Guaranteed Start - So. $100 A promise to the recruit that he will start in his second season with the team. It is less effective than a freshman start promise, but still effective in getting recruits interested in your school. The downside is that you must keep your word.
Guaranteed % of Plays $150 A promise to the recruit that he will participate in a minimum percentage of the team's plays during his first season. All recruits want to play as much as possible, so this is an effective way to get and keep a recruit interested in your school.
Scholarship Offer $100 To get a player to sign, you must offer a scholarship. In order to sign most players, you must have met them face to face (home visit or campus visit). For some players, a starting spot guarantee or promised playing time can make them not need a visit in order to accept the scholarship offer.
Booster Gifts N/A This can either generate interest or you could lose all the influence that you have gained. You could also be investigated by the WCAA and receive suspensions and be put on probation. Use at your own risk. If caught, it will also hurt your reputation as a coach.

During the recruiting period, you will also be able to schedule up to three pre-season exhibition games. These are important so that your players will have time to practice and improve. Two of these games must be played before your freshmen join your roster. The third game can be played before or after they join. If any players are hurt in an exhibition game, you may lose them for the regular season. The earlier you play your games, the more time they will have to heal but your freshman will not get to play. If you play after freshmen are added, they will get a practice in but you could lose some players for the regular season due to injuries.

Scheduling Opponents

As soon as recruiting starts, you can schedule pre-season exhibition games (max of 3) and next year’s non-conference schedule. You can challenge any team to an exhibition game, but it is best to stay at the same level as your team. These games are simulated at 2:30 AM EST. Make sure you have a depth chart and a game plan set up before the game is played. Exhibition games are important so that you can start improving your team. You only practice on days that you have games (both preseason and regular season). You can also start scheduling your next year’s non-conference schedule. You need to have 5 non-conference games. You can request a home or an away game. AI controlled teams will automatically accept while user controlled teams can either accept, decline, or counter. You must have all of the games scheduled prior to the end of the post-season or the computer will try to schedule them for you. If you do not schedule the games yourself, you may not end up with 5 non-conference games the next season.

Coaching Setting

There are two coaching modes: Basic and Advanced. Most coaches will start off in Basic and then can switch to Advanced when they feel ready to do so. Gridiron Dynasty provides default system settings so you won't feel overwhelmed and can dive into into each at your own pace. You can switch back and forth between Basic and Advanced on the Coaching 101 page .

Depth Charts

Before playing any games, you will want to set up your depth chart. There are two different modes, Basic and Advanced - which you'll use is based on your coaching setting. In Basic Mode you will have one depth chart for each position. In Advanced Mode you will have one depth chart for each position role. The players will fill the positions in the order that you choose to place them on the chart (i.e. top player will be used first). If a player is not on the depth chart to fill a needed slot, the sim will choose the player to fill the slot and your team may suffer for it.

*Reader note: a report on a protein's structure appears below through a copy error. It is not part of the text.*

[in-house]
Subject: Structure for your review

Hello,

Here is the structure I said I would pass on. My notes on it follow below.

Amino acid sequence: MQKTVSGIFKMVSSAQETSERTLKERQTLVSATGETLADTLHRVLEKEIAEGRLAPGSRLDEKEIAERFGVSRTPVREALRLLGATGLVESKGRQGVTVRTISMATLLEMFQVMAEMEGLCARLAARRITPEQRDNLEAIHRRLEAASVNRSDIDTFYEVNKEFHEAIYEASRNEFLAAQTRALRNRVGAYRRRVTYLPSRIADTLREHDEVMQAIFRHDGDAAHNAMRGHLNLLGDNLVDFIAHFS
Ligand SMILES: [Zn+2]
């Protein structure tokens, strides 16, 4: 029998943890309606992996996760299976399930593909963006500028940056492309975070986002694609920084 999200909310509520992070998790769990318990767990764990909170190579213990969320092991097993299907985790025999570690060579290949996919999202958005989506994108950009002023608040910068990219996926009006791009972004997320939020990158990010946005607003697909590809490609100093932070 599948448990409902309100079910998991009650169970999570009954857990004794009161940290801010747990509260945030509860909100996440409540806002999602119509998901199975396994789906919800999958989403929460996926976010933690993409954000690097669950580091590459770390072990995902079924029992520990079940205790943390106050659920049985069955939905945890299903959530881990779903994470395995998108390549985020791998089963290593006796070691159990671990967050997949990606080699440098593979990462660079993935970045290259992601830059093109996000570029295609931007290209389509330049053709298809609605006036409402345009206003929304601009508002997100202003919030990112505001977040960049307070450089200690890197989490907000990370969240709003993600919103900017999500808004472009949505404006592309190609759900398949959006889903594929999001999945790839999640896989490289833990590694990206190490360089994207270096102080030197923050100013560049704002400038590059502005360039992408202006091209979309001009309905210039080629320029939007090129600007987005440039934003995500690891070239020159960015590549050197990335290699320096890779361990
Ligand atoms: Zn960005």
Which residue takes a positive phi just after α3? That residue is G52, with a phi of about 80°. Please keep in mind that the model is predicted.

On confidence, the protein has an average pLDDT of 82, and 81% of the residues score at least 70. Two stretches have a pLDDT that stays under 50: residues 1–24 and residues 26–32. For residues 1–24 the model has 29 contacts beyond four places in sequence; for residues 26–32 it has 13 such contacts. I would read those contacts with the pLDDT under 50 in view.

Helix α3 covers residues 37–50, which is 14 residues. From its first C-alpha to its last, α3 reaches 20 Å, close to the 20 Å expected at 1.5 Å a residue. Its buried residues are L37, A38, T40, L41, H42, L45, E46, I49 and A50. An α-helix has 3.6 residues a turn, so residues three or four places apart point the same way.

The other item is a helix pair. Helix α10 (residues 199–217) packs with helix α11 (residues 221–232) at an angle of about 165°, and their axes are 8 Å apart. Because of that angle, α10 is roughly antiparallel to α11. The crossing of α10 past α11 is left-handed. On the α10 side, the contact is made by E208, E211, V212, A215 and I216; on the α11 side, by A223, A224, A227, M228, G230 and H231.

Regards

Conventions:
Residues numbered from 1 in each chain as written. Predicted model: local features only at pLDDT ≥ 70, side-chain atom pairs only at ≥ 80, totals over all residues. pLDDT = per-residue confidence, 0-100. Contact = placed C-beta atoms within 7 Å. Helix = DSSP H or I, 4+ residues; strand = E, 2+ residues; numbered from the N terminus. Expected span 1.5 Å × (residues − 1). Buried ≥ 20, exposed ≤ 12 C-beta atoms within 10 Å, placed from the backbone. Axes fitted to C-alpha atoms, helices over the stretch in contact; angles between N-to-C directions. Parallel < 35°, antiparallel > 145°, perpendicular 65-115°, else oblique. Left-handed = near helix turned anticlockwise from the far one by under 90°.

For starting purposes, you'll want to make sure that your best players and those with promised starts/playing time are at the top of your depth charts. Starters are based on which formation you use most and the players that played the most. You can use the Save All Recs button to save all of your depth charts based on your position role ratings.

Player Settings

The Player Settings page allows to set the subsitution settings for your players as well as provides a quick glance at their game information. By setting the rest level for a player, you control how long they play in regards to fatigue. The default setting is 85%. As you move the setting options higher, the players will sub out more quickly and as you move down, more slowly. The same effect holds true regarding a player's stamina rating. The higher the rating, the longer they can play without rest.

Game Planning

Game planning is the part of the game where you choose how you want your offense and defense to play. Your game plan is broken up into three sections: Offensive, Defensive, and Special Teams. For each you'll set which playbooks your team will use for the various game conditions. You can choose to create custom playbooks or use the default system playbooks. The Offensive and Defensive sections contain Main, Winning, Losing, Tied, Overtime and additonal optional conditions while the Special Teams allows you to set your maximum FG attempt distance. For the various conditions you can control the time at which they will kick in, how you wish to manage the clock, and your aggressiveness on fourth down. For the optional playbooks you can set whether they are activated based on the game score.